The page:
Opinion: Asia Must Adjust to Changing Financial Landscape
The world is ever-changing. We have been fortunate to witness the rise of China as the second-largest economy in the world, a rise that has been a remarkable story of its interaction with the global economy and financial system. China has changed the world, and the world has changed China.
This change converged with major trends of climate change, middle-class emergence, technological advancement, geopolitical rivalry and other forces to create a global financial crisis in 2007-09, followed by massive financial regulatory reforms. Ten years later, how has the structure of Asian finance changed?
The rise of the Asian global supply chain, led by Japan, created an Asian-Pacific financial loop. Asia ran a current account surplus with the U.S., and recycled the savings back into the U.S., which then acted as a global banker, sending the funds back as foreign direct and portfolio investment. Wall Street acted as a banker, then as an investment banker, even as the U.S. enjoyed more and more consumer goods from the rest of the world, paid for by printing U.S. dollars. Hong Kong and Singapore were feeder hubs to the Wall Street and London core centers.
In hindsight, there were two global supply chains — one in Asia (which received most attention), the other in Europe, especially Germany, which created the first eurodollar financial system. Germany dropped out of that surplus situation when East and West Germany unified in 1990. But today, Germany (and Europe as a whole) has re-emerged as a major surplus economy, with the current account surplus rising to more than 8% of gross domestic product (GDP). Europe now has a current account surplus equal to roughly 3.3% of GDP.
Taking a step back, the broader picture of the U.S. as a major deficit country, financed by the rest of the world, has not changed, but there are fundamental shifts in the pattern of production and finance.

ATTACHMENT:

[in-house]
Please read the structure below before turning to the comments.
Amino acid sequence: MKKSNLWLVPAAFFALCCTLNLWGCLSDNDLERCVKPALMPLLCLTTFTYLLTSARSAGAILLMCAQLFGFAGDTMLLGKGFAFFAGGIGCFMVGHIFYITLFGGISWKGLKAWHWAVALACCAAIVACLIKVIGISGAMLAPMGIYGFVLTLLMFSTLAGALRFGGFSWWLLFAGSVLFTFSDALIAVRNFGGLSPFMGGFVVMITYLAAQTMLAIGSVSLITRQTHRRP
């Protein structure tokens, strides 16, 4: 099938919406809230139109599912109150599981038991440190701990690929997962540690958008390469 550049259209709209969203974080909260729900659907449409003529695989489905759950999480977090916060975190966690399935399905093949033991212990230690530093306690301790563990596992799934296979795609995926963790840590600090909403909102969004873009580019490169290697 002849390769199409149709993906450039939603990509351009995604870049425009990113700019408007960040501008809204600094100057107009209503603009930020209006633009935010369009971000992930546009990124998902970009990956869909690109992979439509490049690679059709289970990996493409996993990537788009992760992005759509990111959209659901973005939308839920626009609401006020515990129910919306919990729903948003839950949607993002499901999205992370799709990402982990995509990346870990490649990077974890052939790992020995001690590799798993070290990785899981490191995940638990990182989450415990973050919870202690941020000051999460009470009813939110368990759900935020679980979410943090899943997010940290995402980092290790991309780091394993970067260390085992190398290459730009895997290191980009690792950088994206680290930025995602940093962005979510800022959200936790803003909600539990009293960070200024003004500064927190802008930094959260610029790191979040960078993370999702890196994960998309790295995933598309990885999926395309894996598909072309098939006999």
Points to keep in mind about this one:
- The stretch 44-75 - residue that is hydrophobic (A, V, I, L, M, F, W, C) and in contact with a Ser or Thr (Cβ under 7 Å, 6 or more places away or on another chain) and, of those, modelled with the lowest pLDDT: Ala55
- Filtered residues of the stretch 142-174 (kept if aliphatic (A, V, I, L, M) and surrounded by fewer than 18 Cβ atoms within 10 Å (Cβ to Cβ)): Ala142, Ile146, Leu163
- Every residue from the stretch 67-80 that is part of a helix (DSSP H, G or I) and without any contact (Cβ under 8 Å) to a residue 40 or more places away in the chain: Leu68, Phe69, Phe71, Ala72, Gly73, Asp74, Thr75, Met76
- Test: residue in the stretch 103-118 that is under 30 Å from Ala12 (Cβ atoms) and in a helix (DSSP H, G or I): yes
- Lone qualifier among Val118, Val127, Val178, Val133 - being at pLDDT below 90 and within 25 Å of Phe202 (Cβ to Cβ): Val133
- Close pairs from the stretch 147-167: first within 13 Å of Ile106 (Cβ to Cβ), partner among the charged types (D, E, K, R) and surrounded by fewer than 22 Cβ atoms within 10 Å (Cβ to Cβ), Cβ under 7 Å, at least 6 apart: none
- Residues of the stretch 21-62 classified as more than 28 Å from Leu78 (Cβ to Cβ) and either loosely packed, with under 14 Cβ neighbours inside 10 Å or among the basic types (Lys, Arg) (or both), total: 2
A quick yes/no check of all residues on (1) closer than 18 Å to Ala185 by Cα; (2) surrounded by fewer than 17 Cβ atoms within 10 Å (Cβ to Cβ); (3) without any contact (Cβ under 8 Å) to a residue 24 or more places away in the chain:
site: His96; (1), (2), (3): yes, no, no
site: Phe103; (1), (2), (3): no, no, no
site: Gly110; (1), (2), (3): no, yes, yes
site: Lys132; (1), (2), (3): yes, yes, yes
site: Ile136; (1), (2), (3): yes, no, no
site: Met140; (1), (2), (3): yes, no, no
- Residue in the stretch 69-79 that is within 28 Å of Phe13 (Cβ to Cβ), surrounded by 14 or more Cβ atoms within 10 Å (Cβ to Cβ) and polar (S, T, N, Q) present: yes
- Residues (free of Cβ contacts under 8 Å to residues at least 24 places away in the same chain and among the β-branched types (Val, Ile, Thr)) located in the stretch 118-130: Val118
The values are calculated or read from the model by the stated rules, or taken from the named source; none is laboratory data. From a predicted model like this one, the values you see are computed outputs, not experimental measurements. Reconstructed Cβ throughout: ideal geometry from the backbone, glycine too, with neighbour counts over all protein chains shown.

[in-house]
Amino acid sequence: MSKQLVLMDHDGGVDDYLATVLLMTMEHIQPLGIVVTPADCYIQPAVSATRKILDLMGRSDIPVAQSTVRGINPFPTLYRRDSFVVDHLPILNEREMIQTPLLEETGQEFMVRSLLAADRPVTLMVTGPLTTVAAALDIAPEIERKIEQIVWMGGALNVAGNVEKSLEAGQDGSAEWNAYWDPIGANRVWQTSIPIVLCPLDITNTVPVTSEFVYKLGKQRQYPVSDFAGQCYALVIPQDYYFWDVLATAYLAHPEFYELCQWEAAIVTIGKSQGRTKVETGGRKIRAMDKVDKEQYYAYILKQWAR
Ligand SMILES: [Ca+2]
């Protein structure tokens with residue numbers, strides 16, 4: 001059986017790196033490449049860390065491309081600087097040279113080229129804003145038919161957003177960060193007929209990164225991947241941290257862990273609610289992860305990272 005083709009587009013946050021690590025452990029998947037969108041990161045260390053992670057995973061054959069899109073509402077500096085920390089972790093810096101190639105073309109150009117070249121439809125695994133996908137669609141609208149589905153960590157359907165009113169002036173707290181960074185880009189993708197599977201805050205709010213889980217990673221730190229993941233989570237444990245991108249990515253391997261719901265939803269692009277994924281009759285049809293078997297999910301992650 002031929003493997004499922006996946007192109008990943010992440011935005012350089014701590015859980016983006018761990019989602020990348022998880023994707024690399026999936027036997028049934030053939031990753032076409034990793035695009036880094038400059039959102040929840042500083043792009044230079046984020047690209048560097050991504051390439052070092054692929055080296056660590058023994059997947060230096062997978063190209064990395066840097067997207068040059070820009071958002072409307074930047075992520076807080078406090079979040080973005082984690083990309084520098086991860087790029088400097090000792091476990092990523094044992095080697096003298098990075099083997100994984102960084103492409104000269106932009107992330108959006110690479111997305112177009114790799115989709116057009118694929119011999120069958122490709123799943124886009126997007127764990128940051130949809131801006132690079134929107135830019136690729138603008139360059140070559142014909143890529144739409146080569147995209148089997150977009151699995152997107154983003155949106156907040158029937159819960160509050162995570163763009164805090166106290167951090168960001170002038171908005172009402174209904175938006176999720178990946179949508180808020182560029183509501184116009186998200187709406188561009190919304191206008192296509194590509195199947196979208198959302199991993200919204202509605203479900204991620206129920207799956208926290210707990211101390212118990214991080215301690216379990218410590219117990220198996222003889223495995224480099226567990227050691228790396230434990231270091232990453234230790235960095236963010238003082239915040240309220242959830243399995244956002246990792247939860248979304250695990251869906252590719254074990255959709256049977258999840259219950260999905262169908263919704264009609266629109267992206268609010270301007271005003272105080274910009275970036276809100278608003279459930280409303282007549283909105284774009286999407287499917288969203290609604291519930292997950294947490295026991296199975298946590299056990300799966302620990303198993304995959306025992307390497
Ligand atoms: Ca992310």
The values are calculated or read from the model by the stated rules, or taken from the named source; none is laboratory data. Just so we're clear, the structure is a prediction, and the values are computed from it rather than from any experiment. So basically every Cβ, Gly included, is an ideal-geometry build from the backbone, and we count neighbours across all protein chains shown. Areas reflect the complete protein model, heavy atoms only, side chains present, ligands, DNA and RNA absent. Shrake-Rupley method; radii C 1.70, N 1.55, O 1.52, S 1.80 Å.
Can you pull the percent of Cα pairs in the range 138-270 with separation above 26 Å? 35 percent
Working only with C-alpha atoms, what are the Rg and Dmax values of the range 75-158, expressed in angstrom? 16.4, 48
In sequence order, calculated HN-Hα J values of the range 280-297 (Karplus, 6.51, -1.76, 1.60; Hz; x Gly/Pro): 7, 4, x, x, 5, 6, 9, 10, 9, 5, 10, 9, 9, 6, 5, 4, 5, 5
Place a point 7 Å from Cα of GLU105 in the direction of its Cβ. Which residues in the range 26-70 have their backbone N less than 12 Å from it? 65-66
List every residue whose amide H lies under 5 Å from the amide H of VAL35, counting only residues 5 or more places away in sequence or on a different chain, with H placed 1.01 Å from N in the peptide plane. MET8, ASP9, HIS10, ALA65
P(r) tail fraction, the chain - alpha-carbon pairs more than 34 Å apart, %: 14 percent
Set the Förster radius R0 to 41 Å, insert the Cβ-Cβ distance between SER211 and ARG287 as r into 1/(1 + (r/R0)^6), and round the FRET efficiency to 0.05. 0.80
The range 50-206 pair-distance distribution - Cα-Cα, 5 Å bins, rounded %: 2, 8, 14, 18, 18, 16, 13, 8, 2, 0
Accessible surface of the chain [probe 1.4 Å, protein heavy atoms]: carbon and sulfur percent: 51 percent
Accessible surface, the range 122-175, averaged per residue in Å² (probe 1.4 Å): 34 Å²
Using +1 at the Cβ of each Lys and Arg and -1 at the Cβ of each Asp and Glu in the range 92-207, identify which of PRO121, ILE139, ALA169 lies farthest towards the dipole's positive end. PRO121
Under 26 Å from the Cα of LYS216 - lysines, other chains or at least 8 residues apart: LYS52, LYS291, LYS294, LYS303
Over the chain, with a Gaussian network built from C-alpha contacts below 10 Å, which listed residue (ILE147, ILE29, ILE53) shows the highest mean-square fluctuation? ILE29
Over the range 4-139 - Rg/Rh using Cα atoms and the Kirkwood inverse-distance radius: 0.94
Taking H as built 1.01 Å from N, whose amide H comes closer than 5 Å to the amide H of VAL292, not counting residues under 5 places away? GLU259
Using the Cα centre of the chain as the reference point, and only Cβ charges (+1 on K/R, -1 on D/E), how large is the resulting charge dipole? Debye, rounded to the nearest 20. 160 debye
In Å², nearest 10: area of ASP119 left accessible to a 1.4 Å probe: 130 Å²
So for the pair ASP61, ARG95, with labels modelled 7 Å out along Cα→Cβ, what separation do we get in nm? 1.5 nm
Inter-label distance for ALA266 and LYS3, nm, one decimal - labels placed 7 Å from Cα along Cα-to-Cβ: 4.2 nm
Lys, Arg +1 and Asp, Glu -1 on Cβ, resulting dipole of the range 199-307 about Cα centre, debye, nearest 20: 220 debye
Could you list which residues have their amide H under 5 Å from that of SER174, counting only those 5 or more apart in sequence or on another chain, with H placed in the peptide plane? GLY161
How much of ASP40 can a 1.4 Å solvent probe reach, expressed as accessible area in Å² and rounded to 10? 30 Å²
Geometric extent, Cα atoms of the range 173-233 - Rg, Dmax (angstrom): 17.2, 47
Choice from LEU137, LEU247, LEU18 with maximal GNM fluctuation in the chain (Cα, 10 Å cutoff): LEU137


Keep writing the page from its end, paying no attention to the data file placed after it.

First, the present U.S.-dollar-dominated multilateral trading and financial system, centered on the World Trade Organization (WTO) and the International Monetary Fund, which the U.S. created to its advantage, is changing because the U.S. is turning inward and becoming more protectionist. From a major provider of global public goods, including the provision of a security umbrella, the new Trump administration is seeking to tax the rest of the world for its services, including the military umbrella for its allies. Moreover, the U.S. will relocate production to “Made in U.S.A.”
Second, the global financial system is still U.S.-dollar-dominated, but a multipolar order, with the U.S. complaining of currency manipulation by China, Japan and even Europe, means that the nondollar region must defend its own interests. President Xi Jinping, at the World Economic Forum annual meeting in Davos, Switzerland, in January, signaled that the rest of the world must defend the globalization of trade and investment. This is best achieved with U.S. cooperation, but if not, then alternative arrangements will have to be found.
Third, the U.S. trade deficit position owes less to the exchange rate argument, and more to the very low rate of U.S. savings, stuck at around 6% of GDP. Much of this was due to the large fiscal deficit, with $4 trillion spent on the Iraq and Afghanistan wars. Trump’s tax cuts, $1 trillion infrastructure spending, and more weaponry for the military are music to the ears of the rich and defense hawks, but can only be paid for by slapping on a border tax of 20% or more. That would lead to a trade war, on top of the abandonment of the Trans-Pacific Partnership and possible renegotiation of the North American Free Trade Agreement (NAFTA) and even abandonment of the WTO.